The Ohio Department of Job and Family Services set up a website last week where employers can snitch on any workers "who quit or refuse work when it is available due to Covid-19".
Those workers can then be denied unemployment benefits. Ohio workers (as well as workers in Iowa and Texas) are literally being given the choice: your money or your life.
Ohio has had more than 1,300 deaths so far from COVID-19.
In the first week, more than 1,200 workers were "turned in" (in the Washington Post's words) for not reporting to work. Labor journalist Sarah Jaffe: "'Turned in' is a really fucked up way to even begin thinking about this."
State officials emailed companies across the state that "Ohio law prohibits individuals from receiving unemployment benefits if they refuse to accept offers of suitable work, or quit work, without good cause". You might think a deadly pandemic that has killed nearly 85,000 Americans would be "good cause", but the state has designated the public health crisis as an insufficient cause for staying home.
As mentioned above, the failure to report to work in reopened industries in Iowa can result in the loss of unemployment benefits.
On May 8, Iowa passed South Korea in confirmed COVID-19 cases.
As mentioned above, the failure to report to work in reopened industries in Texas can result in the loss of unemployment benefits.Two weeks after reopening: “The new cases Thursday marked the seventh day in a row that Texas saw more than 1,000 COVID-19 cases in a single day, bringing the total number of known cases to 43,851.”https://t.co/17HwwVNz22— Sanho Tree (@SanhoTree) May 16, 2020
A secret recording revealed that Republican Governor Greg Abbott told Texas lawmakers in early May that reopening businesses would "lead to an increase" in COVID-19 cases. The recording was first posted by the Quorum Report.
How do we know reopening businesses won't result in faster spread of more cases of COVID-19? Listen, the fact of the matter is pretty much every scientific and medical report shows that whenever you have a reopening — whether you want to call it a reopening of businesses or of just a reopening of society — in the aftermath of something like this, it actually will lead to an increase and spread. It's almost ipso facto. ... The more that you have people out there, the greater the possibility is for transmission.A spokesperson for Abbott confirmed that the recording was authentic.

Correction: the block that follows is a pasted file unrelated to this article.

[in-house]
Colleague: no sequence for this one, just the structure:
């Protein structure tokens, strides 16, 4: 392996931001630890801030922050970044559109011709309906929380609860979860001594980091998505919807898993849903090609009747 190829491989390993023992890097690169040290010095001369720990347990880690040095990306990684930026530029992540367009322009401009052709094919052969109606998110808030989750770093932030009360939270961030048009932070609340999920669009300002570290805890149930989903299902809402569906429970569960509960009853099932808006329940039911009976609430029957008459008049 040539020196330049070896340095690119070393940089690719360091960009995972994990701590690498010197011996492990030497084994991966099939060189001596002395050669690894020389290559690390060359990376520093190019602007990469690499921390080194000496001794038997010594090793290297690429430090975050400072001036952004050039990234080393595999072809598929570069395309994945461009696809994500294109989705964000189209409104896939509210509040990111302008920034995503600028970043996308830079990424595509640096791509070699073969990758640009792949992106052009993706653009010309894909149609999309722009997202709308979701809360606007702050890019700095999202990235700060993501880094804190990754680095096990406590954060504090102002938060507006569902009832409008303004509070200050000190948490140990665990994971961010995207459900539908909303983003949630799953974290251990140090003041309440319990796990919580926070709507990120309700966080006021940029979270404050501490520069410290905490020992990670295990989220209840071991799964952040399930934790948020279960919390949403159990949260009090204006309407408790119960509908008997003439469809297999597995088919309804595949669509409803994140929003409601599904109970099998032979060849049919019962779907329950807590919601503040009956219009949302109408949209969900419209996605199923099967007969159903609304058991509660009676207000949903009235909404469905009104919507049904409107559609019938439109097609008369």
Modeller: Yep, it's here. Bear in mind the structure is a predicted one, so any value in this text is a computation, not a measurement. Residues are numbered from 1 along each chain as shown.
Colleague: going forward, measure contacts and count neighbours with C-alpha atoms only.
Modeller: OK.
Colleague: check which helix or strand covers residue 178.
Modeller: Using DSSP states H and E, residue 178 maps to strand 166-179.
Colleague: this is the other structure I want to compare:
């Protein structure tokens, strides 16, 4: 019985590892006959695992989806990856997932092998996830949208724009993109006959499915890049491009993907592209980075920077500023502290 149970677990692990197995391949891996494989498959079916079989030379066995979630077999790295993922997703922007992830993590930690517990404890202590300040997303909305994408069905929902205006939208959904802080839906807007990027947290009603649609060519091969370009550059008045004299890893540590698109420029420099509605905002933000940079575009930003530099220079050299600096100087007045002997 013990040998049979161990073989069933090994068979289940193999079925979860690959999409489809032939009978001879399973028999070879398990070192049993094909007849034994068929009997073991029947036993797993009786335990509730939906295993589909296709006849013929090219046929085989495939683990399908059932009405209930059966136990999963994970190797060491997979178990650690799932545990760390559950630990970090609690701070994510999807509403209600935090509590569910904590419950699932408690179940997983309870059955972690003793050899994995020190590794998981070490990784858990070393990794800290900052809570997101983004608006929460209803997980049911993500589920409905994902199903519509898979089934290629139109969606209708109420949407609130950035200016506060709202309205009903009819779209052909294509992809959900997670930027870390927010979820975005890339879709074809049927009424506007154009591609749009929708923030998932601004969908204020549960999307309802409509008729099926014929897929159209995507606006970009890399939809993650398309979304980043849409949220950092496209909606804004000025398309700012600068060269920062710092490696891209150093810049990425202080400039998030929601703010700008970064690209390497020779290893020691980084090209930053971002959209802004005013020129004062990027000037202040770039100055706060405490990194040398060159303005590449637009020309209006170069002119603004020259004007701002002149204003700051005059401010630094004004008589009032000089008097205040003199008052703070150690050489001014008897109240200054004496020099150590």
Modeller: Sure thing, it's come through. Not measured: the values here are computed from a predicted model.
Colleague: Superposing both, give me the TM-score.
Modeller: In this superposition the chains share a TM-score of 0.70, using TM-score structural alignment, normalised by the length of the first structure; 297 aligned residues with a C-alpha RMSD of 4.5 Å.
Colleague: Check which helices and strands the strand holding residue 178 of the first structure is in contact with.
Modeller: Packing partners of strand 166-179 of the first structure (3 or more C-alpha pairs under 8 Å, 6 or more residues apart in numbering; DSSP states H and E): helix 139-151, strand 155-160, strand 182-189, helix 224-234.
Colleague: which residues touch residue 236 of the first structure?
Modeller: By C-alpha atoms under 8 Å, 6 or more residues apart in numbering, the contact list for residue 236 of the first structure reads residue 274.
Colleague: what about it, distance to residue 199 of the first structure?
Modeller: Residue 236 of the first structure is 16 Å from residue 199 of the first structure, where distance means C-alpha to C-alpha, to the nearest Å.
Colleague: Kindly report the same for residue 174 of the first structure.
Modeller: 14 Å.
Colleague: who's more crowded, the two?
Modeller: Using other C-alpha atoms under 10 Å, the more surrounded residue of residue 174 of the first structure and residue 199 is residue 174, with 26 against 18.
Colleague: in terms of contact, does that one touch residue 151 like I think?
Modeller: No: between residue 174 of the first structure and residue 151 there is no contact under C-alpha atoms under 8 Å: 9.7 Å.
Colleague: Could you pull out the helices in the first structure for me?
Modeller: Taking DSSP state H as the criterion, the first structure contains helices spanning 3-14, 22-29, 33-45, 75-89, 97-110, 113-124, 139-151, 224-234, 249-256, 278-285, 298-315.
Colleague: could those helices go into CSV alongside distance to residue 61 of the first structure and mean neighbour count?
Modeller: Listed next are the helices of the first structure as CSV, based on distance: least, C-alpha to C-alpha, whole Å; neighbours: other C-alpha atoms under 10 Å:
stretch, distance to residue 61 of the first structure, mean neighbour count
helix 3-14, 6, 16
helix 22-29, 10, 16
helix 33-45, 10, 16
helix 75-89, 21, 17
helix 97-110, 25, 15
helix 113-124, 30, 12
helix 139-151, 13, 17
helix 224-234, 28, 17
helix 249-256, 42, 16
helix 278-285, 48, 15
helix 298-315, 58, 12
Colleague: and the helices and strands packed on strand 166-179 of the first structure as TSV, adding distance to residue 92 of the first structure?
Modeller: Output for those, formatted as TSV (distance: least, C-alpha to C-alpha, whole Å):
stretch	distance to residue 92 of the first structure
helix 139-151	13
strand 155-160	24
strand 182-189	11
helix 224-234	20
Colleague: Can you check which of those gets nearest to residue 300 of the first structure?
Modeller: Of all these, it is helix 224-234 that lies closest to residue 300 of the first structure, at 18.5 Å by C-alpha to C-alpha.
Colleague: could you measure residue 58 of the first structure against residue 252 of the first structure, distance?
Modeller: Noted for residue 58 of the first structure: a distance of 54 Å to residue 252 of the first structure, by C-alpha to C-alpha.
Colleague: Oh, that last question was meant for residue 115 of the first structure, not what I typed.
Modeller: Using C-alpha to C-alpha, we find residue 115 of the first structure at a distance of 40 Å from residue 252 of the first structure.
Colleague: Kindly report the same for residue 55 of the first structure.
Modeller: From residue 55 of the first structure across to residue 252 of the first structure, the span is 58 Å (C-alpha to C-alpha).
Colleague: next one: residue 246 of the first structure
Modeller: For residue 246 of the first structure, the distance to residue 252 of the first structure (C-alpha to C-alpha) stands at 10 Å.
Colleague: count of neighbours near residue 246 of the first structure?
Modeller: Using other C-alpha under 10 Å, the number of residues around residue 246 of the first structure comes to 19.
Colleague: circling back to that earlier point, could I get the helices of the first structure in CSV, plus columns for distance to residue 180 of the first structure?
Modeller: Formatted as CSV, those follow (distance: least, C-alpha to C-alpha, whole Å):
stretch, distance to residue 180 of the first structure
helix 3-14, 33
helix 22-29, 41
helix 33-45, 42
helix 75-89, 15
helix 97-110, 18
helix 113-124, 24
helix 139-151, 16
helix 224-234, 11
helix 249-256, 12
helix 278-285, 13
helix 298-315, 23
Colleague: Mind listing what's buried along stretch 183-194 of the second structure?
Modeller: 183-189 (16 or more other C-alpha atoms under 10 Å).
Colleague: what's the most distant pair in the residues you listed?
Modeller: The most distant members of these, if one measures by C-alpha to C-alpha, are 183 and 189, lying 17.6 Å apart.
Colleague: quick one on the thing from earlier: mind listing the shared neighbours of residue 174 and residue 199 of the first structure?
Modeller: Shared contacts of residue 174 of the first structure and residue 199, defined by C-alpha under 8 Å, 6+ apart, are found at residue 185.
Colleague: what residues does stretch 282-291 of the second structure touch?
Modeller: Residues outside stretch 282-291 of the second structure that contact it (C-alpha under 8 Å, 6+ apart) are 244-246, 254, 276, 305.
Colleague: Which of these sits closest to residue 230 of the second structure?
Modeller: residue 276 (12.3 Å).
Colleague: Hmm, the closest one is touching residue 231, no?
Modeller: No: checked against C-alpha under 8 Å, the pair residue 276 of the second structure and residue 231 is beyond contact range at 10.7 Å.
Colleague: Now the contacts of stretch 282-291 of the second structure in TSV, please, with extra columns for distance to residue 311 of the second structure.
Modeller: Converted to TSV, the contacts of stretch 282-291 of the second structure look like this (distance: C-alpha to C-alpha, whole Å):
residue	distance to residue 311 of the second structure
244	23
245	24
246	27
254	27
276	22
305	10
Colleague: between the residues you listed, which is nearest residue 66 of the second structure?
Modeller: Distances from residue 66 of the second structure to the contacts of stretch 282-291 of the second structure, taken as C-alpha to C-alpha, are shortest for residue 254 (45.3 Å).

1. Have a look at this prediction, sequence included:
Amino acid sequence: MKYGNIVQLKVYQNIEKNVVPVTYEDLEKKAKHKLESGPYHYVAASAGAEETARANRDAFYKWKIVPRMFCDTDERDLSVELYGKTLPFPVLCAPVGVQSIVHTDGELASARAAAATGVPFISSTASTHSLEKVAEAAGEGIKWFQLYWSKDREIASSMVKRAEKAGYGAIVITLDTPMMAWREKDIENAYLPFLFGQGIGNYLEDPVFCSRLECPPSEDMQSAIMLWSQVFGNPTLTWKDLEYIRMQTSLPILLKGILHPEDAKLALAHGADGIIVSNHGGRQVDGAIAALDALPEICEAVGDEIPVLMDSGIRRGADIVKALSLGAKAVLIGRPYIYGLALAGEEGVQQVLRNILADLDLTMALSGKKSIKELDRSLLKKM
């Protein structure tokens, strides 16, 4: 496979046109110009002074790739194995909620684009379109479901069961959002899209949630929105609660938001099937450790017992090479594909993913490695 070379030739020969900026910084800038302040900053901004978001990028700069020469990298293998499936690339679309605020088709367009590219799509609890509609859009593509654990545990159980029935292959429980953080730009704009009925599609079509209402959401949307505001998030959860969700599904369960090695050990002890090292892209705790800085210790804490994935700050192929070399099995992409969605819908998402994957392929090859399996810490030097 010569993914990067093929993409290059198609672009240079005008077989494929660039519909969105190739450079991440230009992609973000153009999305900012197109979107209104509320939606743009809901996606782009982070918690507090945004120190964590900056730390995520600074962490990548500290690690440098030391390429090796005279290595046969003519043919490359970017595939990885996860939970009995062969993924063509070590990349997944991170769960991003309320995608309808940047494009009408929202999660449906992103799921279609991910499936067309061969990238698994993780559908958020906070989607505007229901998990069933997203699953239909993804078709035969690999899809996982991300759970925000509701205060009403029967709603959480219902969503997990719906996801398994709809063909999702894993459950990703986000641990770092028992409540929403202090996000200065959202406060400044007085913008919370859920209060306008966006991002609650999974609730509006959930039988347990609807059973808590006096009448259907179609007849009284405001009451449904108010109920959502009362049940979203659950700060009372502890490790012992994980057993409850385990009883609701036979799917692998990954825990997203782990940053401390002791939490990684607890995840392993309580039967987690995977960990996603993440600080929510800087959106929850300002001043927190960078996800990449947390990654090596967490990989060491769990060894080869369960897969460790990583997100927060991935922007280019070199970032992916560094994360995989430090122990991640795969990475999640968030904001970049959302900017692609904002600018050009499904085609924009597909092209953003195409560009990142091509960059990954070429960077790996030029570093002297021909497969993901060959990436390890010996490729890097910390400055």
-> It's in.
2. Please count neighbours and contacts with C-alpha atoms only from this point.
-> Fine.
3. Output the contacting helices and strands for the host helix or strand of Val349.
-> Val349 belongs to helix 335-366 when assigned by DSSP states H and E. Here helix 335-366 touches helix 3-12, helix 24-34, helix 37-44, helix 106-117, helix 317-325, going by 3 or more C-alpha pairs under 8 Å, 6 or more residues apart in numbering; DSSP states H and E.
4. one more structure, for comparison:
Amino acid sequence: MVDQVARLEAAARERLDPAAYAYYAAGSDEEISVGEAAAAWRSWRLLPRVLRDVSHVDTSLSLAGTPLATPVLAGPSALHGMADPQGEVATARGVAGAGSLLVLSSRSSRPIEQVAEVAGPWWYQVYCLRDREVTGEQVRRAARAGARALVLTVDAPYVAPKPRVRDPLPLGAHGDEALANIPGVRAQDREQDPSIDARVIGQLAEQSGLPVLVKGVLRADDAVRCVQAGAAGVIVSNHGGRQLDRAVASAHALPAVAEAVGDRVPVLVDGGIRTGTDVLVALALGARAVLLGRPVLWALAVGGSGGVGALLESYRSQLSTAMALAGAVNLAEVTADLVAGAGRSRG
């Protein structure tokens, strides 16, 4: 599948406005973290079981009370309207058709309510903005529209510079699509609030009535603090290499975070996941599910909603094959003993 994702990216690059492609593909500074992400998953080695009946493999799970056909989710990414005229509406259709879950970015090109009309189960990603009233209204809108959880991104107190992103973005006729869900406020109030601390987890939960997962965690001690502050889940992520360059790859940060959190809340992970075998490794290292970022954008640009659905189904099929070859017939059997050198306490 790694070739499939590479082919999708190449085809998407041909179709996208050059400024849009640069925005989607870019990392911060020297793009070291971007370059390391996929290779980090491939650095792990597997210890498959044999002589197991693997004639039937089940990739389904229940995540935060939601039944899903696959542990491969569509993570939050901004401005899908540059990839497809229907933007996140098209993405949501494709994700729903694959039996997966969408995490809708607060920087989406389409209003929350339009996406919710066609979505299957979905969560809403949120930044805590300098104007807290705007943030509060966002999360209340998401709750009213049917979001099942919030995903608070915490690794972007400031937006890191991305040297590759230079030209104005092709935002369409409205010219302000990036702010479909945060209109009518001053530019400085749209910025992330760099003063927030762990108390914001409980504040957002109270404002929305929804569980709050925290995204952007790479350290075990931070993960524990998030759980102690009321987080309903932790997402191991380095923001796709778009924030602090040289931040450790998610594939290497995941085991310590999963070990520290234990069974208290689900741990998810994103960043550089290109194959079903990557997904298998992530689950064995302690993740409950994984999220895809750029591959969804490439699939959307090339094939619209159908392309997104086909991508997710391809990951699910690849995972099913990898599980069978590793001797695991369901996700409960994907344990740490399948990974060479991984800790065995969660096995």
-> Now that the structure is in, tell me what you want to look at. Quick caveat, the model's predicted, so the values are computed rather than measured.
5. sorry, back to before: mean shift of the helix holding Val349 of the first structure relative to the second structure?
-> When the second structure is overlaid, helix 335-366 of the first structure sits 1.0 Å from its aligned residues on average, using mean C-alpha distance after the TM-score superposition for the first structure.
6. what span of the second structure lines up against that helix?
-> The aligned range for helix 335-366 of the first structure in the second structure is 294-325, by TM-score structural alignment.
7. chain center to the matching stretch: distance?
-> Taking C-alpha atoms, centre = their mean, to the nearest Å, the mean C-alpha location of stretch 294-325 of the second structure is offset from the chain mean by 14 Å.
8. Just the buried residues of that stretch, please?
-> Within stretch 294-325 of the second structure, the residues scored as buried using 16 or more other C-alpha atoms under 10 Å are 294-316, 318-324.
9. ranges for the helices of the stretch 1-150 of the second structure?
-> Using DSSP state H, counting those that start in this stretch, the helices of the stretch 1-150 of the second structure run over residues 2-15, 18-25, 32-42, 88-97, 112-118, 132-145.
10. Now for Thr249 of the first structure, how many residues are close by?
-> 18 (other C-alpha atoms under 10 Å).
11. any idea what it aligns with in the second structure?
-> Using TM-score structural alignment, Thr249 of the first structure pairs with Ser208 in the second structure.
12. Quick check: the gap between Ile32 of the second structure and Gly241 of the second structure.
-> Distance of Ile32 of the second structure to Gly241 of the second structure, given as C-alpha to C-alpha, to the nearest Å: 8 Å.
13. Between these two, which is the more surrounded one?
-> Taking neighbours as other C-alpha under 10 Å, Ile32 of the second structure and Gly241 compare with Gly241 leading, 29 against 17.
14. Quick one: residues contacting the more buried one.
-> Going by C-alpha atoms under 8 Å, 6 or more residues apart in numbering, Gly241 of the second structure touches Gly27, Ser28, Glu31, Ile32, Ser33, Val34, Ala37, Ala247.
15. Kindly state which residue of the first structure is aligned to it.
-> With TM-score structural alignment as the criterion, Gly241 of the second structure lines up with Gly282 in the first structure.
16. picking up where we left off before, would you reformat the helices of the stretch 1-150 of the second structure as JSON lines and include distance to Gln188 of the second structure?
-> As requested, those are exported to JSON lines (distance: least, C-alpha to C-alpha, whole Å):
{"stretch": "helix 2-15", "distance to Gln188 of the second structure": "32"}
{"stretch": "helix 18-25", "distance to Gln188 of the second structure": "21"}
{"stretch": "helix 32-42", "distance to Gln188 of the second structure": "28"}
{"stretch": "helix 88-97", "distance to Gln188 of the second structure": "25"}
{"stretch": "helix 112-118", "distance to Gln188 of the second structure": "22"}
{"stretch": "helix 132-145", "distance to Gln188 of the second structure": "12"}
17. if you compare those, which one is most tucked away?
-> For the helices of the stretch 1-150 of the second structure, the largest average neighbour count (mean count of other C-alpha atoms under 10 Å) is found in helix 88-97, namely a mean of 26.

Manny Garcia, the executive director of the Texas Democratic Party:
Republicans are not here to protect you or your family. Governor Abbott finally admitted that prematurely opening Texas is going to lead to more cases and more deaths. ... What Texas Republicans say in public yet again doesn't match what they say in private ... He knew people would die after reopening Texas, and now, he needs to own it.Dr. Zuo-Feng Zhang, an epidemiologist at the University of California at Los Angeles, stated he was "particularly concerned" about Texas, "where cases have been rising steadily and the potential for explosions seems high."
Glenn Smith, a strategist at Progress Texas:
Gov. Abbott is trying to normalize an increase in cases to make people think the illnesses and deaths are not surprising. He wants to say this isn't news. Really? There is no bigger news than a government leader confessing to us that there will be an increase in illnesses and deaths from his actions. Texans are concerned for their families, neighbor and communities, yet Gov. Abbott plows ahead while following orders from Donald Trump.More than 75% of Texas voters support stay-at-home orders for non-essential businesses.